'Mindhunter' Serial Killer Ed Kemper Used To Narrate Books For The Blind

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If you've already discovered the new Netflix Original Series called Mindhunter, you are familiar with the life and crimes of the Co-Ed Killer. Today, I'm here to surprise you with the fact that Mindhunter serial killer Ed Kemper used to narrate books for the blind from his confinement at the California Medical Facility State Prison in Vacaville, Calif. Take a moment to digest that revelation, and then read on to find out how Kemper got involved in the charitable effort.

Edmund "Ed" Kemper gained notoriety in the 1970s, when he was tried and convicted for the murders of eight women, including his mother and her best friend. He had previously murdered his grandparents when he was 15 years old, and was subsequently institutionalized. Kemper turned himself in and confessed to the eight murders on April 23, 1973. He was 24 years old.

Kemper earned the monikers of "Co-Ed Killer" and "Co-Ed Butcher" with a string of six murders that targeted college-aged women. The Mindhunter serial killer became infamous for the brutality of killing spree, but perhaps just as shocking was Kemper's silhouette in the news. The young murderer was nearly seven feet tall and weighed as much as 300 pounds — a fact that had once prevented him from becoming a state trooper. He towered over the men charged with arresting and incarcerating him.

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The California Medical Facility State Prison first began its audiobook-recording program in 1960. Inmates who work as part of the non-profit organization Volunteers of Vacaville's Blind Project "make audio recordings, fix Braille machines, clean tape machines, repair eyeglasses and do Braille transcription for the blind community," according to Daily Republic.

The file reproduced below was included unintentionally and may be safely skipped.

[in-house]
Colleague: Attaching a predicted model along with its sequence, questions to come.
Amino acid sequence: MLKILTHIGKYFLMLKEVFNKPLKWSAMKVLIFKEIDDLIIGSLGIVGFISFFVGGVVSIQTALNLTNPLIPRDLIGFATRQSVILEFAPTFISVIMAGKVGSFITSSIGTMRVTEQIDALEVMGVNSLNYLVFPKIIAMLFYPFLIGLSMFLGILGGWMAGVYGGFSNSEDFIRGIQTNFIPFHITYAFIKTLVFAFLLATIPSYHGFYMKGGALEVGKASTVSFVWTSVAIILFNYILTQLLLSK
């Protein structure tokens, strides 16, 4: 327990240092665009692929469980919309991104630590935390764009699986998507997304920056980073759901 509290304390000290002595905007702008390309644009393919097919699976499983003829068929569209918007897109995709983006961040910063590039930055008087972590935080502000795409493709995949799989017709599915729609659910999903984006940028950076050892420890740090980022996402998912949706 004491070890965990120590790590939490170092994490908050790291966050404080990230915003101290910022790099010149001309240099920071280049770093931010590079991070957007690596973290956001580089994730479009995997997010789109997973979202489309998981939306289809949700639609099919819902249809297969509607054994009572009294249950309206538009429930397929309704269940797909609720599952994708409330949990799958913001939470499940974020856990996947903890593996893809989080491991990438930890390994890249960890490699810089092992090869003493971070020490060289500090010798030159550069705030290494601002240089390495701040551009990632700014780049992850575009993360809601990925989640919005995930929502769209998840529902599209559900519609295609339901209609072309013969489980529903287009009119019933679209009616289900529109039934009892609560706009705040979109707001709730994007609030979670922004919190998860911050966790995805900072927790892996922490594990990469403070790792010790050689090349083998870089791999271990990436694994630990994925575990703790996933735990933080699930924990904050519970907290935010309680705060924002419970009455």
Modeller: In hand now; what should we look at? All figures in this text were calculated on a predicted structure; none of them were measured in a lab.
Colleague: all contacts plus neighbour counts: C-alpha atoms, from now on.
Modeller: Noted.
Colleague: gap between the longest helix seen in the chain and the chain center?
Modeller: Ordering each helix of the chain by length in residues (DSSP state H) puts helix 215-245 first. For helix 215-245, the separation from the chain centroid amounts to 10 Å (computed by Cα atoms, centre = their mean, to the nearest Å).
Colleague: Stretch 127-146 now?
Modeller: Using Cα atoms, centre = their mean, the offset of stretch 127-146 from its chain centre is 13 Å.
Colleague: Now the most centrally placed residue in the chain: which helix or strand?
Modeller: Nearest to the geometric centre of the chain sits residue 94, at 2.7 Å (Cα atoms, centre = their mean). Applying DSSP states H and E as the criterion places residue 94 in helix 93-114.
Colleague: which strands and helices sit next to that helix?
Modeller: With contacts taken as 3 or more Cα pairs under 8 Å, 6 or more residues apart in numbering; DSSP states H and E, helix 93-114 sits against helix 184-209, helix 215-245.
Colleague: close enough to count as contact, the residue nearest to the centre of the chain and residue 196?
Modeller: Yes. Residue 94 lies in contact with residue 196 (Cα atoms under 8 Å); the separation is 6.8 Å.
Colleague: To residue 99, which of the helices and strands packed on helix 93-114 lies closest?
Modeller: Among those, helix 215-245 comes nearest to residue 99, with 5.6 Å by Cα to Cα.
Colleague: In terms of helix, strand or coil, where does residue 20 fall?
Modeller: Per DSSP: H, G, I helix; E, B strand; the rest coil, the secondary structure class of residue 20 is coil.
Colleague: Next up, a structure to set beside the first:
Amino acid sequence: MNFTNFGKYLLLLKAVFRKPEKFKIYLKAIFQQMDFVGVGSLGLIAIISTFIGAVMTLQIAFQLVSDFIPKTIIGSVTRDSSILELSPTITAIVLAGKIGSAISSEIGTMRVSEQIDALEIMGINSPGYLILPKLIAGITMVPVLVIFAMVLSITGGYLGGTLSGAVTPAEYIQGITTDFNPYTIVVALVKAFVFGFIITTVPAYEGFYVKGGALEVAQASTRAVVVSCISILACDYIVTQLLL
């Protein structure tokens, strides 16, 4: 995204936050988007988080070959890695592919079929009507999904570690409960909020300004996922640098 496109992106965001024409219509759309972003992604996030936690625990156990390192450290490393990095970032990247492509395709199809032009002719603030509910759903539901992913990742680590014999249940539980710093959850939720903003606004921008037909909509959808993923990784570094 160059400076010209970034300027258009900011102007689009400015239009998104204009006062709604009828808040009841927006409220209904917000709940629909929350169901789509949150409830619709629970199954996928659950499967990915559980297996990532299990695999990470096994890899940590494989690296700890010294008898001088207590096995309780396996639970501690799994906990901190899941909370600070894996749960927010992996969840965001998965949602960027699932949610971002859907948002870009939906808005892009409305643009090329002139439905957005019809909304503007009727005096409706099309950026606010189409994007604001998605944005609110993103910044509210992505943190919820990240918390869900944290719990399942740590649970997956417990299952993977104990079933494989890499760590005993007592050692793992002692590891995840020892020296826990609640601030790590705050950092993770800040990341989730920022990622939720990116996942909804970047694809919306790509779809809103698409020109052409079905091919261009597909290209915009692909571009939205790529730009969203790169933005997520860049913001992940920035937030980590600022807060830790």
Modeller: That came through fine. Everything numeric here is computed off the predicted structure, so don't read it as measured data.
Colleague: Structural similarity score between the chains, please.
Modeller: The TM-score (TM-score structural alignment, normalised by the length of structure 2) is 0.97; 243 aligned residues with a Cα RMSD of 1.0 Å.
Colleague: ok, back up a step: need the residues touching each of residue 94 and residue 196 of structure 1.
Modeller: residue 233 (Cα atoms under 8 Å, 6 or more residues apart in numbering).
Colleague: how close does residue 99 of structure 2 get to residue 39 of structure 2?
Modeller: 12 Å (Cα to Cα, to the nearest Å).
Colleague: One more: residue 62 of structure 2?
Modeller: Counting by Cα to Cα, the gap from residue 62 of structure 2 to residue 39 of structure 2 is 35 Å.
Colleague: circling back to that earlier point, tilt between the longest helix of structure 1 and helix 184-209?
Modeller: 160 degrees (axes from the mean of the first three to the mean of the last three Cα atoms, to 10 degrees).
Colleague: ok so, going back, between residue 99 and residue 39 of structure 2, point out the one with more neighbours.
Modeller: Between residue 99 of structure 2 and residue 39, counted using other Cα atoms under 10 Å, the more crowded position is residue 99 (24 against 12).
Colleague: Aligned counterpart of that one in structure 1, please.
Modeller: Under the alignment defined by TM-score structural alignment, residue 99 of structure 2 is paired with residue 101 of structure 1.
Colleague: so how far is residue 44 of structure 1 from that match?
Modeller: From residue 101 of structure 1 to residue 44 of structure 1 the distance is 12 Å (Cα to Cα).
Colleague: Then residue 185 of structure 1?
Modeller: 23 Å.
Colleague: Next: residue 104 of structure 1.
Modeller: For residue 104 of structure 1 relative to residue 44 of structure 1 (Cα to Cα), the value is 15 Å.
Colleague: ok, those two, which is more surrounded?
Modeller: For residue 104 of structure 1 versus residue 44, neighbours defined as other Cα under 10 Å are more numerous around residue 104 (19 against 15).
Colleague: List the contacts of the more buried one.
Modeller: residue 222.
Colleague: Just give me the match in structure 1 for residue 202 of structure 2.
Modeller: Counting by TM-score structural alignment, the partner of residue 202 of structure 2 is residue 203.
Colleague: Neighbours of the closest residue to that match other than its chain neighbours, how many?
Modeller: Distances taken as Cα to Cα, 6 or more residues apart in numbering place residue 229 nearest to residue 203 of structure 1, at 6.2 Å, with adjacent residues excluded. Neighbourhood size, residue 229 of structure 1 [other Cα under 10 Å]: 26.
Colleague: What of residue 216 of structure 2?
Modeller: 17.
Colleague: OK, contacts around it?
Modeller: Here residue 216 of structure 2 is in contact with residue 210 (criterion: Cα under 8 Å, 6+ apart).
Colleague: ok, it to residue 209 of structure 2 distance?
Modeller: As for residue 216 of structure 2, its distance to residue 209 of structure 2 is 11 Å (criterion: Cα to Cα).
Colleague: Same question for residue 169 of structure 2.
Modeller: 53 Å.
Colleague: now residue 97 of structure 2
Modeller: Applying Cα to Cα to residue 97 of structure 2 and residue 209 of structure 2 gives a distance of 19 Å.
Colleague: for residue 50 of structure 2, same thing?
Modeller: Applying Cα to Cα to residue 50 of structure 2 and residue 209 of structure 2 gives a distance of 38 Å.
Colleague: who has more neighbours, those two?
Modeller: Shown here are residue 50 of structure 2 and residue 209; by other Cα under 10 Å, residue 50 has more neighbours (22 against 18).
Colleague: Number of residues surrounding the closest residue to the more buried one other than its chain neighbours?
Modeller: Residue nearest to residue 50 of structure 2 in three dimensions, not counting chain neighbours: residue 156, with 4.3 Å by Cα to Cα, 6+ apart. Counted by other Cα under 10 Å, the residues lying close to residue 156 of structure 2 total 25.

Kemper began working with the program in the late 1970s. In 1987, the Los Angeles Times reported that he "ha[d] read onto tape cassettes more books for the blind than any other prisoner," amassing some "5,000 hours in a booth before a microphone[,] more than four million feet of tape and several hundred books to his credit." The Volunteers of Vacaville website is now defunct, but an archived version of Kemper's profile page lists 17 books he recorded, including God Emperor of Dune by Frank Herbert, Flowers in the Attic by V.C. Andrews, and The Trumpet of the Swan by E.B. White.

Today, The Blind Project aims to convert cassette recordings made by Kemper and other inmates into digital formats. A 2017 report on the Volunteers of Vacaville does not list Kemper as a current team member with The Blind Project, but that isn't surprising, given that the Co-Ed Killer is 68 years old at the time of this writing. As of 2016, Kemper was happy in prison and uninterested in receiving parole.